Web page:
The discussion around the reform of UN human rights mechanisms in recent years has focused overwhelmingly on the creation of the UN Human Rights Council.  In this shadow, the UN human rights treaty bodies also enhanced their efforts to review disparate working methods following a 2006 proposal by the UN High Commissioner for Human Rights for a unified single standing treaty body.  Then High Commissioner, Louise Arbour, identified many challenges, including that ‘limited coordination and collaboration among treaty bodies, and different approaches, in particular with respect to the role of NGOs, NHRIs and the wider United Nations system, increase duplication and impede interaction with stakeholders, who find the system obscure.’  

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Rights in Rough Times

Rights in Rough Times

About 4 years ago, I was involved in consultations with more than 100 homeless or formerly homeless people across Melbourne about whether a Charter of Rights could make Victoria a more inclusive and rights-respecting community.  The terms of reference for that consultation were limited to considering civil and political rights and not economic and social rights.  While this may have made some (limited) sense to me as a lawyer, I was struck by how little sense it made to the homeless, to the rights-holders. 

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Global Efforts to Combat Racism are Essential for Local Responses

Global Efforts to Combat Racism are Essential for Local Responses

It is often the case that discussions about racism are heated and controversial; the recent Durban Review Conference and my participation in it was no exception.  In reflecting on this Conference, I would like to convey some important context for my attendance as Race Discrimination Commissioner and highlight some of the key outcomes.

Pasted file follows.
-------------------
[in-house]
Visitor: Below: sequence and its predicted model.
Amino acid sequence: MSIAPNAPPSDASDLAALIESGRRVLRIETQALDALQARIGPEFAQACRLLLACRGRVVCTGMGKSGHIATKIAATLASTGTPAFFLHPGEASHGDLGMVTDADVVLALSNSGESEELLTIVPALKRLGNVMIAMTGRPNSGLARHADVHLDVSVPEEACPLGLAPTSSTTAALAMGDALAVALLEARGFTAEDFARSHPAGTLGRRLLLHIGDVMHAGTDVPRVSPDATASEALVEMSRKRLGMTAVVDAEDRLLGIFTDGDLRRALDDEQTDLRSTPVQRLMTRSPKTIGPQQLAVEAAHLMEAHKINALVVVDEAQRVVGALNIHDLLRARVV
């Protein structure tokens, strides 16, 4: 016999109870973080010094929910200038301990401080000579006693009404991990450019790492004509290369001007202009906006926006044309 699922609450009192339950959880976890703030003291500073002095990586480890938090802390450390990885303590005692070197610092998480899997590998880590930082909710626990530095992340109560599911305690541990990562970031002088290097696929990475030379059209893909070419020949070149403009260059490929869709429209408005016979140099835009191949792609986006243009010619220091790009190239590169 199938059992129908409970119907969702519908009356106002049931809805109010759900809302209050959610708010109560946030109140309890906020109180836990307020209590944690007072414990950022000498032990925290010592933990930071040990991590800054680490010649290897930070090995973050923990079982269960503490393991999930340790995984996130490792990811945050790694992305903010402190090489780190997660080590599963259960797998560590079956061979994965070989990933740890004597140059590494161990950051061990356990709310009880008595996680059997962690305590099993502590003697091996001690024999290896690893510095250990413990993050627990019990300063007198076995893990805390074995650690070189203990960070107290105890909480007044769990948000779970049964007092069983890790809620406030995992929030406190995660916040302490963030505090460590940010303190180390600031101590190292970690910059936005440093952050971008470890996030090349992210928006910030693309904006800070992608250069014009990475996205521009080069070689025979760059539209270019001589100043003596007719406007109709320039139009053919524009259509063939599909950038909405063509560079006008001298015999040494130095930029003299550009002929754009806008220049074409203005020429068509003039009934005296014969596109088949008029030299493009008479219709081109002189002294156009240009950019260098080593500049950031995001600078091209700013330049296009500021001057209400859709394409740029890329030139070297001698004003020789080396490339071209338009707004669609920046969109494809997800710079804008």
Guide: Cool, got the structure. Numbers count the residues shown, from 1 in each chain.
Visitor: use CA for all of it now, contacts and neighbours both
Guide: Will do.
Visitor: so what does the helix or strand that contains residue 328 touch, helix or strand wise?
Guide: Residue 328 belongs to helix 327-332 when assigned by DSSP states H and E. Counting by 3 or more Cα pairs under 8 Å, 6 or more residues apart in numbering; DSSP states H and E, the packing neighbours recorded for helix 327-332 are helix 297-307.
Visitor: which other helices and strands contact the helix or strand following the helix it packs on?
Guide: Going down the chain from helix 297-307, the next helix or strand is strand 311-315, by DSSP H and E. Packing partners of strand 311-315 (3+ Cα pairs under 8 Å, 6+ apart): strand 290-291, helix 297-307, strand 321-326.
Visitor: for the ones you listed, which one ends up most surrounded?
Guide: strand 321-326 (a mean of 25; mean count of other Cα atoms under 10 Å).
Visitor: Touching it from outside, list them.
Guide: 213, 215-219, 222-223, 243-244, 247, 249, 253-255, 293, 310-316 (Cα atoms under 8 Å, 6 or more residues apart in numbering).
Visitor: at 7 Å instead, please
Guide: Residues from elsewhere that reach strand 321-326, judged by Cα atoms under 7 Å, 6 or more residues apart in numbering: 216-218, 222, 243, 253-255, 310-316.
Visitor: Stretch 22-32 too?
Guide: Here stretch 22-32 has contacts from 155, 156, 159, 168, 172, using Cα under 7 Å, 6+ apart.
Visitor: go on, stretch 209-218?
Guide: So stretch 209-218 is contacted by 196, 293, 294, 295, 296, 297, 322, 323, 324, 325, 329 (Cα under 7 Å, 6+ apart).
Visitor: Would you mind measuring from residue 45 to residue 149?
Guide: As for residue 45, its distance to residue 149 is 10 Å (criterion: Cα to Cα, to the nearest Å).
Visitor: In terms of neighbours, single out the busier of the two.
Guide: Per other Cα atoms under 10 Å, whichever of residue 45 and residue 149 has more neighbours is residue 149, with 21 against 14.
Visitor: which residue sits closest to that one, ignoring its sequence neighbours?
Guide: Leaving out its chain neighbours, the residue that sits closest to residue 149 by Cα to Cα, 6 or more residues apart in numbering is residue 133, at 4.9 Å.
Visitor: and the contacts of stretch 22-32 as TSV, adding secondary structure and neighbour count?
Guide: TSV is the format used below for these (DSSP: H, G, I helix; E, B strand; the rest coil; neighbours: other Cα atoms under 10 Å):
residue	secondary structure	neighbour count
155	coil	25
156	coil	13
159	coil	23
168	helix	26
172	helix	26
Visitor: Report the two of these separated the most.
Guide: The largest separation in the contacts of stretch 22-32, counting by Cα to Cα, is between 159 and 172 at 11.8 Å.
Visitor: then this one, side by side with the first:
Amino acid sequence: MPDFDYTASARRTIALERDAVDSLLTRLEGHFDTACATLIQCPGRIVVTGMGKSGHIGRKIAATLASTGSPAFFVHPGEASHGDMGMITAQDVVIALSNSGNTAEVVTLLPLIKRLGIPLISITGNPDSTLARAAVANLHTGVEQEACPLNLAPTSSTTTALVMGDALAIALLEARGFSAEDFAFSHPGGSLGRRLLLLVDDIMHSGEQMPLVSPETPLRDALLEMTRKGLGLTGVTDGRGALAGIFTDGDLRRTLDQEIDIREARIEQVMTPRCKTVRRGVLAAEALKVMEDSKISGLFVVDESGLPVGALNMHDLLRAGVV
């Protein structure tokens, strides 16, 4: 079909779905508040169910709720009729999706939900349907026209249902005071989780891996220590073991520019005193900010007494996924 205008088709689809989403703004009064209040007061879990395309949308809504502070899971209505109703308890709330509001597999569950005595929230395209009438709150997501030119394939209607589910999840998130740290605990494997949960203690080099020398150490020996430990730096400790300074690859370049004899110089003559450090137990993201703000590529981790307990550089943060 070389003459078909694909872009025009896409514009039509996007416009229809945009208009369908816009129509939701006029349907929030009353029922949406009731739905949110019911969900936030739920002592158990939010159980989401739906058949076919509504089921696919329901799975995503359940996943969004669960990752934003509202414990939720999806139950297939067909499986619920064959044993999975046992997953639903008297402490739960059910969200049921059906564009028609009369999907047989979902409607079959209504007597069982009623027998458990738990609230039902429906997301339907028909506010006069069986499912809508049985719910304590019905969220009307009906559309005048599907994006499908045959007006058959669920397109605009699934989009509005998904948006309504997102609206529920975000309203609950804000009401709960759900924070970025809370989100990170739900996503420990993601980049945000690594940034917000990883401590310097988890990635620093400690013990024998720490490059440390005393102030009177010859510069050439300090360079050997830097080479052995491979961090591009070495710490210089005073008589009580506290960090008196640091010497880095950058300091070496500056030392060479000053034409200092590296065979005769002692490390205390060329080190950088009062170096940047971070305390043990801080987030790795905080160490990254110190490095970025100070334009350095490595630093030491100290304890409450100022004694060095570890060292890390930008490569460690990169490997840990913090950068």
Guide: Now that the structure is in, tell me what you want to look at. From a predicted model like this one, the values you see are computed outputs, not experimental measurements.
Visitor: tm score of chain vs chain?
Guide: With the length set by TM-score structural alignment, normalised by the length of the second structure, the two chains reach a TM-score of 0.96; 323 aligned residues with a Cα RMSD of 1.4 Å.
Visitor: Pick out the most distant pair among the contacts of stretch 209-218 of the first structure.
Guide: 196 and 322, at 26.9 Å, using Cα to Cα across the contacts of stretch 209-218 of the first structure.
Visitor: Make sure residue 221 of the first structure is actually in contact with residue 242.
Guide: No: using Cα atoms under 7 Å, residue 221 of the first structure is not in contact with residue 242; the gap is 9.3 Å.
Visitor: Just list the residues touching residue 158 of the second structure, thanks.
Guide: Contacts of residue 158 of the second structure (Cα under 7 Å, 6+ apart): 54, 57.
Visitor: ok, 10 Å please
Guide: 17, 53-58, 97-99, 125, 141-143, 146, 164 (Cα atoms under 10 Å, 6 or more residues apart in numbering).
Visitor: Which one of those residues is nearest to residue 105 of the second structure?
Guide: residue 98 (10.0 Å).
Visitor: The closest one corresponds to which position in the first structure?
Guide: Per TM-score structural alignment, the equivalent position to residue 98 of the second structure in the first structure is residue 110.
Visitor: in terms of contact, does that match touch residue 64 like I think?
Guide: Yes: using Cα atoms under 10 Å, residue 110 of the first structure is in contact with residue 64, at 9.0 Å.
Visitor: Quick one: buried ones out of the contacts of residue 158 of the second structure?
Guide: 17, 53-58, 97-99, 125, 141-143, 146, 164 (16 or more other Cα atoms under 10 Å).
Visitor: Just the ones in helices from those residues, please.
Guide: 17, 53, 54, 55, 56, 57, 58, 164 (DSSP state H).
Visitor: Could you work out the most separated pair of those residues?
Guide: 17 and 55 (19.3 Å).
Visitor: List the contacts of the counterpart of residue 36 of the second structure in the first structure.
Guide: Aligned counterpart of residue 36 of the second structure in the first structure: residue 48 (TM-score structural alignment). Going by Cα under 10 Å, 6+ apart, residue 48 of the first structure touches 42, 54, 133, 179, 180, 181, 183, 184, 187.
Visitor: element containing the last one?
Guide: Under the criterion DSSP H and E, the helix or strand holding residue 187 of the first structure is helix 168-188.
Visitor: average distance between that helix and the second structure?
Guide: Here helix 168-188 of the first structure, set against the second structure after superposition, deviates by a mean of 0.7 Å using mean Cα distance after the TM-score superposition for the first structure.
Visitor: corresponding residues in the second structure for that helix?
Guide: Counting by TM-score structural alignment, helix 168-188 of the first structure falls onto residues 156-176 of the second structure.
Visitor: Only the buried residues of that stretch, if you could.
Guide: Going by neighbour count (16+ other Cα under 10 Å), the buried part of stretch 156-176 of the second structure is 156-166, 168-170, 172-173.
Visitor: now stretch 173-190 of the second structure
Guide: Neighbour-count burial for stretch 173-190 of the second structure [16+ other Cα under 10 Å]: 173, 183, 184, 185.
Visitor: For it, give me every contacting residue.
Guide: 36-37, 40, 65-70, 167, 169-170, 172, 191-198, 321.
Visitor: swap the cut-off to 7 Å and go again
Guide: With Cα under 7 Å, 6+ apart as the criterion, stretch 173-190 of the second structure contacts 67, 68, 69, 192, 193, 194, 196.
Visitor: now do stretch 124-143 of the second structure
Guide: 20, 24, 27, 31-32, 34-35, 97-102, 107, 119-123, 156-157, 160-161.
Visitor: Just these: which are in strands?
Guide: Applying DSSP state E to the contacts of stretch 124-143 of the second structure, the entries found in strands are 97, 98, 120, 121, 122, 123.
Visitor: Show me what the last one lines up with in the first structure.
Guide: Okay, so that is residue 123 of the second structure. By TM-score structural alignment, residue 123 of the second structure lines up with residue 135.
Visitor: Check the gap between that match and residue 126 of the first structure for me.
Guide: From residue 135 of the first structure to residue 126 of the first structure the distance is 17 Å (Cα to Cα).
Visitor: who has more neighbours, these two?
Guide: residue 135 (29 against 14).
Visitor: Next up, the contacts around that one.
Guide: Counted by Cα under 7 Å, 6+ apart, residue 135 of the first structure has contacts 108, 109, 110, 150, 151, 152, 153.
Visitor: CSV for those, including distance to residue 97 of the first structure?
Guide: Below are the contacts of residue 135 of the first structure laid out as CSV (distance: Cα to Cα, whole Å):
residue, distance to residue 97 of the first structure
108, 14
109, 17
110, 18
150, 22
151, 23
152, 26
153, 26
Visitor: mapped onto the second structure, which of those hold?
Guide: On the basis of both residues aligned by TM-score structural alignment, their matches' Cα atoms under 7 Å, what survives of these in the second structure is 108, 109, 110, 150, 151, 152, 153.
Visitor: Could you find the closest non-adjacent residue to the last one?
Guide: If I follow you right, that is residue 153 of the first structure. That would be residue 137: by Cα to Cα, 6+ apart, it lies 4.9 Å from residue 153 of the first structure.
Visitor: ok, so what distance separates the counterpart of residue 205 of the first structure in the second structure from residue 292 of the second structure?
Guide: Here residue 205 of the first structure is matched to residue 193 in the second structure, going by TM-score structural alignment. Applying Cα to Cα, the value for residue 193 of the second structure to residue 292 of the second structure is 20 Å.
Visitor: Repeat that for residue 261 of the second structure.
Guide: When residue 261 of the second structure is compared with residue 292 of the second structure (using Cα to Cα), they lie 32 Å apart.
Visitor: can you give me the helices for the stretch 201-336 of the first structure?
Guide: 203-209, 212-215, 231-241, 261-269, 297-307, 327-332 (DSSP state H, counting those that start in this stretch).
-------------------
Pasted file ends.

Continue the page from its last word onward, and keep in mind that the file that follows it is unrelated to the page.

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Equal Access to Quality Education is a Human Right

Equal access to quality education is a human right.  It is also a global imperative if we all are to achieve the Millennium Development Goals by 2015.  But worldwide, minority and Indigenous children are disproportionately denied this right with drastic consequences for us all. This is as true in Australia as in other countries.  According to Australian government statistics, over 50% of Indigenous children drop-out of secondary school before completion.  For girls, the figure jumps to 80%.  More than twice as many Indigenous adult women than non-Indigenous women never attended school at all. 

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Australia Can Become a ‘AAA’ Human Rights Player

Australia Can Become a ‘AAA’ Human Rights Player

Australia has an opportunity and obligation to regain its reputation as a ‘AAA’ country when it comes to human rights, a high level government delegation from Australia has been told by the United Nations Human Rights Committee. The delegation appeared before the UN Committee in New York on 23 and 24 MarchThe Committee, which comprises 18 independent human rights experts from across the world, commended Australia on a range of human rights advances, including the historic apology to the Stolen Generations, the abolition of the Pacific Solution and the current national human rights consultation.